I’m terribly jealous that you saw Looped.  I’ve been following that play’s progress for months online.  Fuddy-duddy that I am, I admit I had to look up Stephen Colbert online, but happy that you have met a celebrity in NYC other than “Lauren Bacall.”  I would have had to answer that phone and quietly whispered, “Campbell’s Funeral Home, how can I help you.”  Somehow your cousin reminded me of Tallulah– stormy excitement wherever she goes.  The fire brought to mind a line from All About Eve— “she looks like she could burn down a plantation.”  Too bad your cousin missed it– probably aftershocks of her visit.
    See?  The MRI results just point to what I said all along.

  • Craig Link

    Talk about plays within plays. I don’t know which I had rather seen- the cell phone incident or the Glass Menagerie. Is your life this wacky in Austin?

  • Oh my god you spoke with Stephen Colbert. As if I could be any more jealous of your life. 🙂

  • Now I know what to see in NYC and how to behave if I ever meet Stephen Colbert or have to silence an abandoned cellphone. Thanks for another refreshing observation on life. I don’t know what I’d do without you. I always feel a little smarter and saner after reading your blog.

  • So jealous you got to chat with Stephen Colbert. We’re big fans at our house.

  • Cindy A Link

    Oddly, I was just thinking this morning if there was anyone in the world I might consider leaving my husband for, and the answer was Stephen Colbert.  If I had been you and found myself sitting there next to him, security would have needed to tackle me escort me from the theater.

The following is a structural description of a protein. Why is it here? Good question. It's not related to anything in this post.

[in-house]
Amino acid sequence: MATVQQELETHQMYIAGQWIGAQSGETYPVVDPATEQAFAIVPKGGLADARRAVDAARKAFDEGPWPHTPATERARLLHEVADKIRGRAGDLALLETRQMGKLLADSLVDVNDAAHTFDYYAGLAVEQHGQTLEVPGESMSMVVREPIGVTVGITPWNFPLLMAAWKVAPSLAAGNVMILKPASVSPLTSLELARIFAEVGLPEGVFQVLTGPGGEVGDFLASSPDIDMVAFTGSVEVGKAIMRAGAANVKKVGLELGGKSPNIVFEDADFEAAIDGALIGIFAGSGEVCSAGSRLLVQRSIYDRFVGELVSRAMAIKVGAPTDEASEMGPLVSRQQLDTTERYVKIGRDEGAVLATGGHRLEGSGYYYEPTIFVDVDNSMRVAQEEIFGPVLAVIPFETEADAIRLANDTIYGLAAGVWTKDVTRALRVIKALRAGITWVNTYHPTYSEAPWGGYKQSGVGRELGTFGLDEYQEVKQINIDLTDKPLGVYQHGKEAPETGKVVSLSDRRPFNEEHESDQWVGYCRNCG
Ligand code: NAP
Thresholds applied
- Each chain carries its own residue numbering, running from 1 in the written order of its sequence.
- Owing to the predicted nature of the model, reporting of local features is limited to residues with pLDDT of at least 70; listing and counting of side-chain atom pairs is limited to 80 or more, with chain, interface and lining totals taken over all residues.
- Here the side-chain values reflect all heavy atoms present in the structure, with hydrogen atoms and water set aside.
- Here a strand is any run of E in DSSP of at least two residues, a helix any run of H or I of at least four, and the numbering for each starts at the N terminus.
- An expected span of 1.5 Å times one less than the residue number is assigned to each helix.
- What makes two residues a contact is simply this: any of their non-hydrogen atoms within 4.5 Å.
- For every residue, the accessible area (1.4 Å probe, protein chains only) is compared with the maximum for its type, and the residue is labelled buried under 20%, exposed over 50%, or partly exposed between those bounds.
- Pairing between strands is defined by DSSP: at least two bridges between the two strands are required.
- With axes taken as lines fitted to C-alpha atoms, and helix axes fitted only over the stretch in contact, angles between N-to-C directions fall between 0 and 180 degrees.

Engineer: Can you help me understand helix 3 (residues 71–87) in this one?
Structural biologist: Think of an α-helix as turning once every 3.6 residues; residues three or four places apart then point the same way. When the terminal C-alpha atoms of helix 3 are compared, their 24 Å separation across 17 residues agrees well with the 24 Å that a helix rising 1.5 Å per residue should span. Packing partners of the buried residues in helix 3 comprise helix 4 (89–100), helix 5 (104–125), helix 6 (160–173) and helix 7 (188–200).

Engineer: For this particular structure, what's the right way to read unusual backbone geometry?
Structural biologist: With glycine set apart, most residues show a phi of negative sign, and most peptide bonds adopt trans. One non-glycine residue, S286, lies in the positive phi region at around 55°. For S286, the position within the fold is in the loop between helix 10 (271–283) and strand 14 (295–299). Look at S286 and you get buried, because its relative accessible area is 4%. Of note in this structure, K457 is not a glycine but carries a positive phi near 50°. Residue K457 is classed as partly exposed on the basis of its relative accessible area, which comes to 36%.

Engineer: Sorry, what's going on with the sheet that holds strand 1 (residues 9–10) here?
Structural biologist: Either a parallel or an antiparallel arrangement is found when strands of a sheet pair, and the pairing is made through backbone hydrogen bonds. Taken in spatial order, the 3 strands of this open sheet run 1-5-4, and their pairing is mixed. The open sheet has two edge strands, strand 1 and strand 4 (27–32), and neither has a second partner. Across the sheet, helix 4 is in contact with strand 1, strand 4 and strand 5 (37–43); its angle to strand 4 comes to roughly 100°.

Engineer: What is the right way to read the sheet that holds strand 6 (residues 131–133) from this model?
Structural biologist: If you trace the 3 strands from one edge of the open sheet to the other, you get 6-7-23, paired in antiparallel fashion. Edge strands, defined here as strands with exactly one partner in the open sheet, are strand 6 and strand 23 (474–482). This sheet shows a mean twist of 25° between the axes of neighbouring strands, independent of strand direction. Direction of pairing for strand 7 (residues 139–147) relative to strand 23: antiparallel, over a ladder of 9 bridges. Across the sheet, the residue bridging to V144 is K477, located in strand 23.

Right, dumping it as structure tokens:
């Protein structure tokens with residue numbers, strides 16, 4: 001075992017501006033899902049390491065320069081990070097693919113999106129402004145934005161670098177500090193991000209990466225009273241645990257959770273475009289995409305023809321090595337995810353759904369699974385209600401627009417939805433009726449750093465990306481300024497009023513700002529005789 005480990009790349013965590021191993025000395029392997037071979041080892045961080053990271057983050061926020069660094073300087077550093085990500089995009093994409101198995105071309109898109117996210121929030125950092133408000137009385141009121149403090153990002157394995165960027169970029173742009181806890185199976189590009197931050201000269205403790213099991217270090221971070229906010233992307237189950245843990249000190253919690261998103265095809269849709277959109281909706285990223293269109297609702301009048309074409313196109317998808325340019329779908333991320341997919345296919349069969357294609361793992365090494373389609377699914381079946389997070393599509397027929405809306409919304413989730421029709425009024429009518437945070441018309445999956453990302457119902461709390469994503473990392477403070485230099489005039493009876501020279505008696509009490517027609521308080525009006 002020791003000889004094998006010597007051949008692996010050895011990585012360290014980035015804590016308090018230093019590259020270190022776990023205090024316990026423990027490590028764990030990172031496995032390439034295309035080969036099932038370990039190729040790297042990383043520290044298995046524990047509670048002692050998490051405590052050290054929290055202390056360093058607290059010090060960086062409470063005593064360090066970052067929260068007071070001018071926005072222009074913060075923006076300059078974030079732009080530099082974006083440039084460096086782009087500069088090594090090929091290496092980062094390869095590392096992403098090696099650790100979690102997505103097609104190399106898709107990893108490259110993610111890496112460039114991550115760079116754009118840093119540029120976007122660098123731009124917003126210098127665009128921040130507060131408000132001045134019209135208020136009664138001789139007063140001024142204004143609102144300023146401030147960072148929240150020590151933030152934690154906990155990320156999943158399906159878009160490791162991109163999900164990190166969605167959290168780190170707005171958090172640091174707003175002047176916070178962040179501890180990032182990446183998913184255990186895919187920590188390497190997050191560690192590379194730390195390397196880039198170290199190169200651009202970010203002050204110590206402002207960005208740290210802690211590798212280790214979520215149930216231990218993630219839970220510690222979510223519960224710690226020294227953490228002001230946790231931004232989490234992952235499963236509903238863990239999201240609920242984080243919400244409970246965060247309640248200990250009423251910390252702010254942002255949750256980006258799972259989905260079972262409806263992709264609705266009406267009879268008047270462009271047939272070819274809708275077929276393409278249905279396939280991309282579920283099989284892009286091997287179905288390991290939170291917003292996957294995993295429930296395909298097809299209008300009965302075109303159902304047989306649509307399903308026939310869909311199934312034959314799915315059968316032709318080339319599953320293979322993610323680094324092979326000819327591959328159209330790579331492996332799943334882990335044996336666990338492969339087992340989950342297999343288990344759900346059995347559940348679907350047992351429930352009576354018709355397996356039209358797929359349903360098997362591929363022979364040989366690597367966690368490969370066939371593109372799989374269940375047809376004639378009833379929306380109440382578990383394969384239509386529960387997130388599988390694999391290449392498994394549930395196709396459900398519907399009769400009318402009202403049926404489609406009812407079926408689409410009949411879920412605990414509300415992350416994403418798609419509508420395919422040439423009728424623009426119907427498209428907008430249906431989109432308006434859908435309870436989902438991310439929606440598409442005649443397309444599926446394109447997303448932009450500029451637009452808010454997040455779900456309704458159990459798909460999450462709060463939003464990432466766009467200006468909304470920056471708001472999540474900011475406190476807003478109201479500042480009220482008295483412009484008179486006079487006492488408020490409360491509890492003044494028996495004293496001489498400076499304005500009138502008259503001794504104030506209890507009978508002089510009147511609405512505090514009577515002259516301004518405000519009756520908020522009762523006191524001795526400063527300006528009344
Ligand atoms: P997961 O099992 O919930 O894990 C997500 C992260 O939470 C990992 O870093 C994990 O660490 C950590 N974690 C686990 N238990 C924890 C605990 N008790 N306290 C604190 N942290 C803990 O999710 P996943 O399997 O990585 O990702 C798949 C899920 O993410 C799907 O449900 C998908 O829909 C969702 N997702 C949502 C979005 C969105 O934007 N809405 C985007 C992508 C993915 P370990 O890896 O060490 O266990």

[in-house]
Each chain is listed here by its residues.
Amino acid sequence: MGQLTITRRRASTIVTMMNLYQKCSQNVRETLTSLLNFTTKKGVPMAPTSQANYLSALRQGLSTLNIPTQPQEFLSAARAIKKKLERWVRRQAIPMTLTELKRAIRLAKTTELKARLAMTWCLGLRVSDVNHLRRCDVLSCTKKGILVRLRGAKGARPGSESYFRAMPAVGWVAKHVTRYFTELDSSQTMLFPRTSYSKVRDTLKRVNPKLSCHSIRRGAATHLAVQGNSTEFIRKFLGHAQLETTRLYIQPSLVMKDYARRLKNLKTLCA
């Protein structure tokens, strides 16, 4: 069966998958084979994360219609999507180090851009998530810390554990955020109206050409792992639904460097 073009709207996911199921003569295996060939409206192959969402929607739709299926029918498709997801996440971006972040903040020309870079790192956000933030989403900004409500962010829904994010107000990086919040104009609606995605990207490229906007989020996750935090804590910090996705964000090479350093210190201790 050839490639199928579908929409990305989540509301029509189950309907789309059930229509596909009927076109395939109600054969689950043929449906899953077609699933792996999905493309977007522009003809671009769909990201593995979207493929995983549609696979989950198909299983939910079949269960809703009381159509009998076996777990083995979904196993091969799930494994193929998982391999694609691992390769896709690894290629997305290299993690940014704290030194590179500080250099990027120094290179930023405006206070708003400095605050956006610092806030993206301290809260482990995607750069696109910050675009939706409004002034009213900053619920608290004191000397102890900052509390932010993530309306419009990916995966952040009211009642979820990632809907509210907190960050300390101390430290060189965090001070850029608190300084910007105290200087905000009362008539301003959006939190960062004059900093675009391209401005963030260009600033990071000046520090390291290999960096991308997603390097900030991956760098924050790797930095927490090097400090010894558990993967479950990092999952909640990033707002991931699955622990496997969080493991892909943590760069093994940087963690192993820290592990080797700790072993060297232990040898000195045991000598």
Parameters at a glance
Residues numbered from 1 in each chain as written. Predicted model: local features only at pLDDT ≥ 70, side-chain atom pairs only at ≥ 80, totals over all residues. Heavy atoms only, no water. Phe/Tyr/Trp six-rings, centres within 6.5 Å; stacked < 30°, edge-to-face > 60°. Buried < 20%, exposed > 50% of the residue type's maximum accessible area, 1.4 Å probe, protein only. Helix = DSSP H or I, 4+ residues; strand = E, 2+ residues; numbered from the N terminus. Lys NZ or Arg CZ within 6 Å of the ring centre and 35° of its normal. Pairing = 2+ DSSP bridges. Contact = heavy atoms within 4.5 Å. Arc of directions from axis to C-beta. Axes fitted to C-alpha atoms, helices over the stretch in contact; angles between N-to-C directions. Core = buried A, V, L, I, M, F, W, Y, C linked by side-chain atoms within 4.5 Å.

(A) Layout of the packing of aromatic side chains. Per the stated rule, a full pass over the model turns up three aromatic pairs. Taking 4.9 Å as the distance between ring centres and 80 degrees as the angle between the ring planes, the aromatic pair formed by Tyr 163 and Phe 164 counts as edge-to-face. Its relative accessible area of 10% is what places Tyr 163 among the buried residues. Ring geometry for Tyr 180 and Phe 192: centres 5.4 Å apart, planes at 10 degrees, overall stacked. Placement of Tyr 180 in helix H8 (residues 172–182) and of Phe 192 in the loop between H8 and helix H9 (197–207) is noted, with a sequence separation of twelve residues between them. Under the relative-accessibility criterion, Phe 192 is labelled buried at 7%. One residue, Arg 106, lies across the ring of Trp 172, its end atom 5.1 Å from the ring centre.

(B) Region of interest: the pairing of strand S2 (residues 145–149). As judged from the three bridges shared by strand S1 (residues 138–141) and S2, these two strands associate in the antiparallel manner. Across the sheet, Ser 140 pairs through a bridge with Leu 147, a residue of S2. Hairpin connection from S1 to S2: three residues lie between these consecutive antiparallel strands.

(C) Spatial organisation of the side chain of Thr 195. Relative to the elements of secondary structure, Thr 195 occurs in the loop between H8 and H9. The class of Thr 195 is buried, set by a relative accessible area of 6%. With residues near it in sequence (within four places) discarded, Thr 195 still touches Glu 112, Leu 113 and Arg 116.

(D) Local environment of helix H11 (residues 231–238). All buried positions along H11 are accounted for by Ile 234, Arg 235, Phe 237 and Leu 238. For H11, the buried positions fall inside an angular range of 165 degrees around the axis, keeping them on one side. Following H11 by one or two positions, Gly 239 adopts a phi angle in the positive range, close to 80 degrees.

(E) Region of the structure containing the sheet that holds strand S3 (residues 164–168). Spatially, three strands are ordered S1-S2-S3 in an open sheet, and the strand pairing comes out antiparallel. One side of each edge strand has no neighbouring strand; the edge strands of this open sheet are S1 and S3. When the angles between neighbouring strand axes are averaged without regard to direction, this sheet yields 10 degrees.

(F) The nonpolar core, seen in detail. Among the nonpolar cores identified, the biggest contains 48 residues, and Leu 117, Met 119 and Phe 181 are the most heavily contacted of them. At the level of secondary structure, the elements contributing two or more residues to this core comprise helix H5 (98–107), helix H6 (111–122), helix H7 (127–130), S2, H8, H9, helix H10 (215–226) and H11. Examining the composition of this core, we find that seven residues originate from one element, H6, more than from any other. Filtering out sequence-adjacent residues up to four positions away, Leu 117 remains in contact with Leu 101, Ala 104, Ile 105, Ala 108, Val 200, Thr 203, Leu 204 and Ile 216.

• That was lots of fun to read.

  • I wish I had a friend like Maria! How cool is meeting Colbert, seeing all those awesome plays, and having a bit of melodrama. I’m glad, too, that she wasn’t around for the fire though!!!

  • Cousin Maria Link

    Wait ’til you meet the rest of the family!

  • I got distracted at the very beginning of this story on account of the “Oscar Wilde” loving restaurant owner.    In my British way I have no way to express polite confusion except via inverted commas.

    Maria sounds like good fun.  I love people who attract drama, and I am impressed by the way you always seem to be a celebrity magnet.   If I were less British I might venture chaos magnet instead.

    I am also very, very glad that your MRI turned out to be boring.

  • Hi, Ruth.  I’m so glad your MRI was clear!  What wonderful news.  I enjoyed this post very much.  Your encounter with Stephen Colbert must have been great fun.   In the long run, though, the people who have impressed me the most are the ones like Maria.  She sounds like an awesome person, so full of life and ready to take on the world.  I’m happy you were able to keep the mob at bay!